with Courtney Slazinik
Best Halloween Photography Tips for Memorable Photos
Best Halloween Photography Tips for Memorable Photos

Halloween is just around the corner and it’s the perfect time to photograph your, your kids, pets, and friends. However, there are certain things to keep in mind when it comes to Halloween photography. There are mistakes you can avoid as well as different types of photos you may not have considered taking.

Best Kept Secret of Photographing Halloween Costumes

Don’t take all your photos on Halloween. If your children are anything like mine they are itching to start Trick-or-Treating. This means that standing there while you take 37 photos of them will be painful for them and you. Instead, encourage your child or family to dress up on another evening.

It helps if you doing this in the evening closes to golden hour so you can get that beautiful warm light. Most children love to get dressed in their Halloween costume so this doesn’t feel like chore but instead something fun to do.

If you don’t have time to take Halloween costume photos prior to Halloween then take those shots first.

Just like in a session, you want to get your most important shots done first. You want the cute shot of your little one posing in their outfits right? Do it first thing when you walk out the door.

ISO 1000 | 2.8 | 1/200

*All shoot with Canon 5D Mark II & Canon 24-70mm f/2.8L

Make Your Halloween Photos Unique with this Tip

Consider taking your children to a location specific to their Halloween costume. It would feel like a unique styled photo shot. I don’t doubt the kids would love to act like their costume in a fun location.

Photo Credit: Heather Whitehouse

Take Your Halloween Photography to the next level with Silhouettes

When we think of Halloween photos we think of that quick photo of your kid in their costume. But how can you take your Halloween photography to the next level…try a silhouette shot. This works especially well if your child has a unique silhouette with their costume.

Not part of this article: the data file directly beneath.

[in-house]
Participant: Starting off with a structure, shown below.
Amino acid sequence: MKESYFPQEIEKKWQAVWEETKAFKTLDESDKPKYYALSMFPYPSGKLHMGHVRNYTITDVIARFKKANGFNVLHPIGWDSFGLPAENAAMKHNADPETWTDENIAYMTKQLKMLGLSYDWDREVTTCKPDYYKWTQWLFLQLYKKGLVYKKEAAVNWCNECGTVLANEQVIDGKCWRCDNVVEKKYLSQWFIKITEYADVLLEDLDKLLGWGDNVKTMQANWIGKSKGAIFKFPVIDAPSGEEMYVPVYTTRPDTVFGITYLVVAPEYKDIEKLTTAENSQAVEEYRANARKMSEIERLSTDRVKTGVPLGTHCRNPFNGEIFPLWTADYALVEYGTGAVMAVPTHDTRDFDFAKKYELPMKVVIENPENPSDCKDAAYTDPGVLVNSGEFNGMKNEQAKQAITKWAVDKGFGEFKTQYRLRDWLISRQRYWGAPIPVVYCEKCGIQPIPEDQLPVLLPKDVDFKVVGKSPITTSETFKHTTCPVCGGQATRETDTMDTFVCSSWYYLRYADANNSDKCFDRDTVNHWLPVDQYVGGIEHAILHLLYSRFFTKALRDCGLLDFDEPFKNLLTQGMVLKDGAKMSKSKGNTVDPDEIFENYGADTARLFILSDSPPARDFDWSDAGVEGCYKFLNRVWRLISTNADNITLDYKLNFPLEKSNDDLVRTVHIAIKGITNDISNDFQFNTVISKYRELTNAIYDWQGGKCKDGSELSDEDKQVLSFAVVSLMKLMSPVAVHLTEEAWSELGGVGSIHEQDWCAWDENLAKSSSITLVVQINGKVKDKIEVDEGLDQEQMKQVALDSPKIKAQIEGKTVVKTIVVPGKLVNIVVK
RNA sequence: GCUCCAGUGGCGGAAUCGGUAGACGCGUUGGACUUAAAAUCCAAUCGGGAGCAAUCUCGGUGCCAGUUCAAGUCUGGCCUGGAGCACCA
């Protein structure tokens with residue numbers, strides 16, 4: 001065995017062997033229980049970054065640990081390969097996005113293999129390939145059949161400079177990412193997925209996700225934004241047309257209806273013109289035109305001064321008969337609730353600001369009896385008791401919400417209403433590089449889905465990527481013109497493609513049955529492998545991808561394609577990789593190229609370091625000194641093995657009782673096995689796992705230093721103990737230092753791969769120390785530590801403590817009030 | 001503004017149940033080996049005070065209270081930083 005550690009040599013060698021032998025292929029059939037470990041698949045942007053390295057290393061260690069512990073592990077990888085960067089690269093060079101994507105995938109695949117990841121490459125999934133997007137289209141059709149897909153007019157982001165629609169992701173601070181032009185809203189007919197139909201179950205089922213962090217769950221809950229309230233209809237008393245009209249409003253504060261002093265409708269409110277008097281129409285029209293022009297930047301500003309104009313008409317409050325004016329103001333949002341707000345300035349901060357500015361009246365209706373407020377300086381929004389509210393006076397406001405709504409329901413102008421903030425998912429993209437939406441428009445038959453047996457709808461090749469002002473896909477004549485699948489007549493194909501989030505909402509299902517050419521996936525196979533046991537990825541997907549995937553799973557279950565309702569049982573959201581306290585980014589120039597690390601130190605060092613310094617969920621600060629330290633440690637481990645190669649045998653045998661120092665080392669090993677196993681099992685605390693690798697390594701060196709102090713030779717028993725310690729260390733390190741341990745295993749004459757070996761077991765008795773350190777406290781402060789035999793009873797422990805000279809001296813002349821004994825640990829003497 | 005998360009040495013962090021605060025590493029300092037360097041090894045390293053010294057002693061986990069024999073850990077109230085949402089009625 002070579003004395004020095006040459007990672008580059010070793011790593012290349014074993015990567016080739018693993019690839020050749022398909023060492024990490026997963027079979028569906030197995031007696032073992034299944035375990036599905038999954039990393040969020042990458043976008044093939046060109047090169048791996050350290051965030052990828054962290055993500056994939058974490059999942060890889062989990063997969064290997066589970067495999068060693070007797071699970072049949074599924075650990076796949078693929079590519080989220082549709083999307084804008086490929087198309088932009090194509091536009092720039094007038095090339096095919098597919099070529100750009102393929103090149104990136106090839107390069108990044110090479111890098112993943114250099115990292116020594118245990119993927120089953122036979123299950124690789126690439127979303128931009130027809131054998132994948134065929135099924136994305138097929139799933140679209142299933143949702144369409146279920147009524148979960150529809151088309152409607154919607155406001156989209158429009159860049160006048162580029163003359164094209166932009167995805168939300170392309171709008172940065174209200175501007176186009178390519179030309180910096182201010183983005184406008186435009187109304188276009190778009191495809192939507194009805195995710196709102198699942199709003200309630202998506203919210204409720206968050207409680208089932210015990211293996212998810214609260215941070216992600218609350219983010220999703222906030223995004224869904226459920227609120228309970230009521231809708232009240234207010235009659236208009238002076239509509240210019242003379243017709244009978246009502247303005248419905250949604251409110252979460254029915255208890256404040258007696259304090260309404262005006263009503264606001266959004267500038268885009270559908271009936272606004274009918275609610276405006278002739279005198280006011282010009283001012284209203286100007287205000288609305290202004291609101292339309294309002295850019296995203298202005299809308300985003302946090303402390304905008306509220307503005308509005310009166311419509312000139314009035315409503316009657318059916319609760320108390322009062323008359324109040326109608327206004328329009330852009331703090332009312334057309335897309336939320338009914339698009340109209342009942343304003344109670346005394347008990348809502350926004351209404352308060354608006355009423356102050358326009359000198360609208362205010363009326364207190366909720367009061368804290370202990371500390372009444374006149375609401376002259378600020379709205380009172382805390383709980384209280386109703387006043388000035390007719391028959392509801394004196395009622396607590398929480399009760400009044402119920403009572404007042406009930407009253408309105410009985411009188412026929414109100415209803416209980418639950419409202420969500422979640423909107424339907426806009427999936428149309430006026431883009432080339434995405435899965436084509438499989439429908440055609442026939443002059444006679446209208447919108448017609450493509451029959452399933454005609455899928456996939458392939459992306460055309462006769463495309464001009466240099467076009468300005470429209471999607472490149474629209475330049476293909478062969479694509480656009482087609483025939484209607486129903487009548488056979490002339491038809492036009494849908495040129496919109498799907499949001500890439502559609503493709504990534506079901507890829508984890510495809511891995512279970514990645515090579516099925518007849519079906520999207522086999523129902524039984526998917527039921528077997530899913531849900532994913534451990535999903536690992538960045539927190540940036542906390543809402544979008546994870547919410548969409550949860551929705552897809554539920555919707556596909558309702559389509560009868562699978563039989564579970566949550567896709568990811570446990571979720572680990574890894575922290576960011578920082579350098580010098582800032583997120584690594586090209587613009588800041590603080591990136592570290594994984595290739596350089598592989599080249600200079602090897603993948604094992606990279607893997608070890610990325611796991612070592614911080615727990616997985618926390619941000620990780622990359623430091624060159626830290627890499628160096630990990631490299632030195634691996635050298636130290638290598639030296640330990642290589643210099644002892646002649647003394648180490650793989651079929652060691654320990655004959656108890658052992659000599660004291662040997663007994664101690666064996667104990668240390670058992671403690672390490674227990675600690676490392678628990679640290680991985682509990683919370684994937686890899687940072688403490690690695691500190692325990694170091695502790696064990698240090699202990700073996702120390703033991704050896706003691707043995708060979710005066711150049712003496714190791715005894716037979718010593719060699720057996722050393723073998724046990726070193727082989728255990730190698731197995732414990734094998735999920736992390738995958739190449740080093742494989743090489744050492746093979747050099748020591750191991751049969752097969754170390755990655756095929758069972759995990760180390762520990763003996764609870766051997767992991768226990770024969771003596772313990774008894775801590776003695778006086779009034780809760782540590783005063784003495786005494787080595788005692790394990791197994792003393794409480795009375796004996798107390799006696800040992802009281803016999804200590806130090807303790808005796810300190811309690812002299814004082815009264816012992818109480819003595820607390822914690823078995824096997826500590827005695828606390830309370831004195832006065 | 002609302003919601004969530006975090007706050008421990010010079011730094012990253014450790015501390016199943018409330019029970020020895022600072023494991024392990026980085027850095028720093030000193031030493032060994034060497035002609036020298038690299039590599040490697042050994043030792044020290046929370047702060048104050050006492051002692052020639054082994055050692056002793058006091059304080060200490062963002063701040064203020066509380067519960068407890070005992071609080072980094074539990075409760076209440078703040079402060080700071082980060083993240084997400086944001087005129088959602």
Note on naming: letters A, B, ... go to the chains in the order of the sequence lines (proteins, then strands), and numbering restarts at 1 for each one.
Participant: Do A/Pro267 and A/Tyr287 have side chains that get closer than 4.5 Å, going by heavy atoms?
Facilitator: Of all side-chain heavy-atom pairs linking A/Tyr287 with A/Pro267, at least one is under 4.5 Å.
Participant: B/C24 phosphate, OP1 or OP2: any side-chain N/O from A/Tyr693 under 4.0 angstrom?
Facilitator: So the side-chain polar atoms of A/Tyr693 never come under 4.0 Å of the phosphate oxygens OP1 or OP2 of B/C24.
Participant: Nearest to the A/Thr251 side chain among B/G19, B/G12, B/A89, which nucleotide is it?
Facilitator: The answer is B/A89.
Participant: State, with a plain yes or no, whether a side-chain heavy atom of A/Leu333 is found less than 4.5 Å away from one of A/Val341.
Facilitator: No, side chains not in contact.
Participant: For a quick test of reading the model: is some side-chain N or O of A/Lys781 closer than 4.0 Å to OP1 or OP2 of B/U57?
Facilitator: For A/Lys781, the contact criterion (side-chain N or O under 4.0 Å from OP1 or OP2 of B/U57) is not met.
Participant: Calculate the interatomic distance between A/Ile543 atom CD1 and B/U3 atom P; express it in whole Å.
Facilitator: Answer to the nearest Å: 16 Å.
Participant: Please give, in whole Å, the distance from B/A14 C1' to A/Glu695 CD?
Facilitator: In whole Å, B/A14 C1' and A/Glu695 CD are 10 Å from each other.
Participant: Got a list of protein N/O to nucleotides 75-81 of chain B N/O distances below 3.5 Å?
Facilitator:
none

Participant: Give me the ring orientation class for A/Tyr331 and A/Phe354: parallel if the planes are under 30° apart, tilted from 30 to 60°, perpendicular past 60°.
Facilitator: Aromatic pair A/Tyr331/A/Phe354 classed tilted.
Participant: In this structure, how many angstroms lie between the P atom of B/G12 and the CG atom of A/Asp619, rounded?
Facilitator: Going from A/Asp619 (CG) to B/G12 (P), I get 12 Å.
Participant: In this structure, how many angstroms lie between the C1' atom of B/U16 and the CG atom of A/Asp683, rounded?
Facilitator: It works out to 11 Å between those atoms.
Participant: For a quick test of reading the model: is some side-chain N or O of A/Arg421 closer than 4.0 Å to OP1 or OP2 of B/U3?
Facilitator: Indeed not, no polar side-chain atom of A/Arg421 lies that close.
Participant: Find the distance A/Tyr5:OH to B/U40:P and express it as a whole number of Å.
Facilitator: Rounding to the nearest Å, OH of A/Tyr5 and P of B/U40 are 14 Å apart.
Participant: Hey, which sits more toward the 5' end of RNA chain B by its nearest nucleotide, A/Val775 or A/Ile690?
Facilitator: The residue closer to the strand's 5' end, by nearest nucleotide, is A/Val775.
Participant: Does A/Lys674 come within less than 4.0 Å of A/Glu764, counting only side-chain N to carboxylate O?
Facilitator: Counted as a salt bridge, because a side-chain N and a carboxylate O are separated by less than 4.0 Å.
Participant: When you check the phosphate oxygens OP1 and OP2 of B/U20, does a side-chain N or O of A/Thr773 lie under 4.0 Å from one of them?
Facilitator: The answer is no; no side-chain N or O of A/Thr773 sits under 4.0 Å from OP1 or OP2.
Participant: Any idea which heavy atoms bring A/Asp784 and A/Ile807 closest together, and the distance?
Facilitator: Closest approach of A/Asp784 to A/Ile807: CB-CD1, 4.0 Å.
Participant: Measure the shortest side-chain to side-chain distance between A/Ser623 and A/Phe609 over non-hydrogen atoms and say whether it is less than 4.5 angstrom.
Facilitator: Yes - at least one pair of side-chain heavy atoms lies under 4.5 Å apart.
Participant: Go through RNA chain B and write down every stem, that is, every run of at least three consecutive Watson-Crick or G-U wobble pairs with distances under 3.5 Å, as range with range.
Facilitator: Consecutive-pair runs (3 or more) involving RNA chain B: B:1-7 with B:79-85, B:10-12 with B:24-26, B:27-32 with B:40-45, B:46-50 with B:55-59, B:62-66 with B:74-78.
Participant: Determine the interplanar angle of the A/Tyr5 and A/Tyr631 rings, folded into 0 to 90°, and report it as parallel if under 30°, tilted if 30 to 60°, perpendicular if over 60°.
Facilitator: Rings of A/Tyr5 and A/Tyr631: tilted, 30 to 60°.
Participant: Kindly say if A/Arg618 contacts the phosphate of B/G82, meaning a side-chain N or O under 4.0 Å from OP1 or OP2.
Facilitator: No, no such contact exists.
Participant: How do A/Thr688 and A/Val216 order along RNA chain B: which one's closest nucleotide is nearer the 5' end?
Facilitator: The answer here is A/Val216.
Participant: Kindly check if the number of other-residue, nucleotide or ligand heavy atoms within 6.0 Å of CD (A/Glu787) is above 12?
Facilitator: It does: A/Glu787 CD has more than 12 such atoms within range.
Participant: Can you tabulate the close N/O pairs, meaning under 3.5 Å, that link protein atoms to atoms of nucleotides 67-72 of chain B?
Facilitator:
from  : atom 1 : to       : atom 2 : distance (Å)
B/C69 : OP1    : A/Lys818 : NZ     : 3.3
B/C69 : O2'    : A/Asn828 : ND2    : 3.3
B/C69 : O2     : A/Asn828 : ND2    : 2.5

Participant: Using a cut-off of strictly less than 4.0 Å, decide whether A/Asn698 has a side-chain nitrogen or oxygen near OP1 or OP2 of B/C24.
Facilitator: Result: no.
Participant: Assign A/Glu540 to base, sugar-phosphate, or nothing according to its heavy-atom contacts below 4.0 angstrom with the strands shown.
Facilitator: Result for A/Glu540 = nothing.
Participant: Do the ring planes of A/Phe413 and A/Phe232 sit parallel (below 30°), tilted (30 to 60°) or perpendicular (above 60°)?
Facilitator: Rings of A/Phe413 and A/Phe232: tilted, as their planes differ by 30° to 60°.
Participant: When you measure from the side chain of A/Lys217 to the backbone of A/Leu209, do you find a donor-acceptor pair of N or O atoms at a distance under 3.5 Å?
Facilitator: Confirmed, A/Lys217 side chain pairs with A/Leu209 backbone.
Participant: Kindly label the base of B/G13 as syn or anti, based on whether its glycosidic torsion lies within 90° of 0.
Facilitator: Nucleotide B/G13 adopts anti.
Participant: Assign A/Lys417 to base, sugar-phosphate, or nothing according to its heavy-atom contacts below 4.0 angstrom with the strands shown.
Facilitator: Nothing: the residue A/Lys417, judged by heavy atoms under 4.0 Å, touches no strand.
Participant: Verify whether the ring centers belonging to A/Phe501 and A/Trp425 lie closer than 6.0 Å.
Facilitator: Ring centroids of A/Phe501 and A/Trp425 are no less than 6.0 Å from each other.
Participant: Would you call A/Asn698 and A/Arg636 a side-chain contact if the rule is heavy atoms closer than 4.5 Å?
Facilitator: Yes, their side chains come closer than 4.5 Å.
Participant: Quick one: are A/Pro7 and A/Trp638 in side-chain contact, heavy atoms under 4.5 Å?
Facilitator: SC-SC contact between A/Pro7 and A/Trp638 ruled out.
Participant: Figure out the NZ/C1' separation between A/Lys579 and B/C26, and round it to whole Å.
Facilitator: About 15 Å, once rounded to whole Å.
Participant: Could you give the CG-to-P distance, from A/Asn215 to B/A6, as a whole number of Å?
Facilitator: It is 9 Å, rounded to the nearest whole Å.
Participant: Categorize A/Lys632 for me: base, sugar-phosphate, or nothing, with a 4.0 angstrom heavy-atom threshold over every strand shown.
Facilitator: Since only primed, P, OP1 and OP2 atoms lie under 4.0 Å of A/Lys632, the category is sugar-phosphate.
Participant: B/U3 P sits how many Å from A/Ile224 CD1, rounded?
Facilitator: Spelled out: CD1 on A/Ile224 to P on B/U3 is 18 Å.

Keep in mind you don’t need to head outside for this as you can take silhouette shots indoors as well. The key to a successful silhouette shot is to make sure their is proper backlighting coming in on your subject.

Click here to step-by-step directions on how to take silhouette photos

Child in fox costume standing in front of glass door creating a silhouette

Tips for Getting a Group Halloween Photo

As a parent you are probably always trying to get a photo of your children together or with their friends. This can be quite the challenge and if we are being honest nine times out of ten our photos end up looking like this…

It’s important not to get frustrated or give up. Because the truth is this is your life at that time. The above photo was taken five years ago and so much has changed from that image. I’m so thankful I didn’t trash it but instead kept it and honestly it’s one of my favorite Halloween photos to do. It perfectly reflects my life at that time.

However, I want to help you so that although some of your photos will look like this you are able to get more that don’t.

Click here to read the Dos and Don’ts of Taking Group Photos

One of the best things I have found to help my kids cooperate when taking group photos is not always asking for that perfect “everyone smile and look nice for the camera” photo. Instead, I will trade silly photos for a couple of nice ones.

Allowing your kids to act out their costumes helps when it comes to group photos.

Also, consider your settings. When photographing multiple people you don’t want to be shooting wide open with your aperture. I suggest starting at f/3.2 and stopping down (raising the aperture number) if you need to. Remember as your aperture number increases that means less light is coming into camera sensor.

Read more about when to use a smaller f-stop

You need to balance this by raising your ISO which I will dive into next.

The One Setting You Don’t Want to Forget About

The most common mistake I see photographers make is being afraid to raise their ISO in fear of noise. Somewhere along their journey they were warned not to raise their ISO. It is important to raise your ISO when you need more light.

In fact, trying to keep your ISO low in order to avoid noise will actually create MORE noise in your photo than if you had just raised it in the first place. You want to get a properly exposed photo straight out of the camera and not rely on editing software to “fix” your photo.

Are you comfortable shooting in manual mode? Need a few extra tips? Check out our intro to manual mode guide

ISO 1000 | 2.8 | 1/200

Take Advantage of Low Light to Create Memorable Photos

As mentioned above raising your ISO is a great way to make sure your photo is properly exposed. However, remember our job is to photograph the light we are given and not to try and create bright airy photos if the image was taken at 7pm on Halloween night.

Embrace the low light and make sure your settings are set accordingly.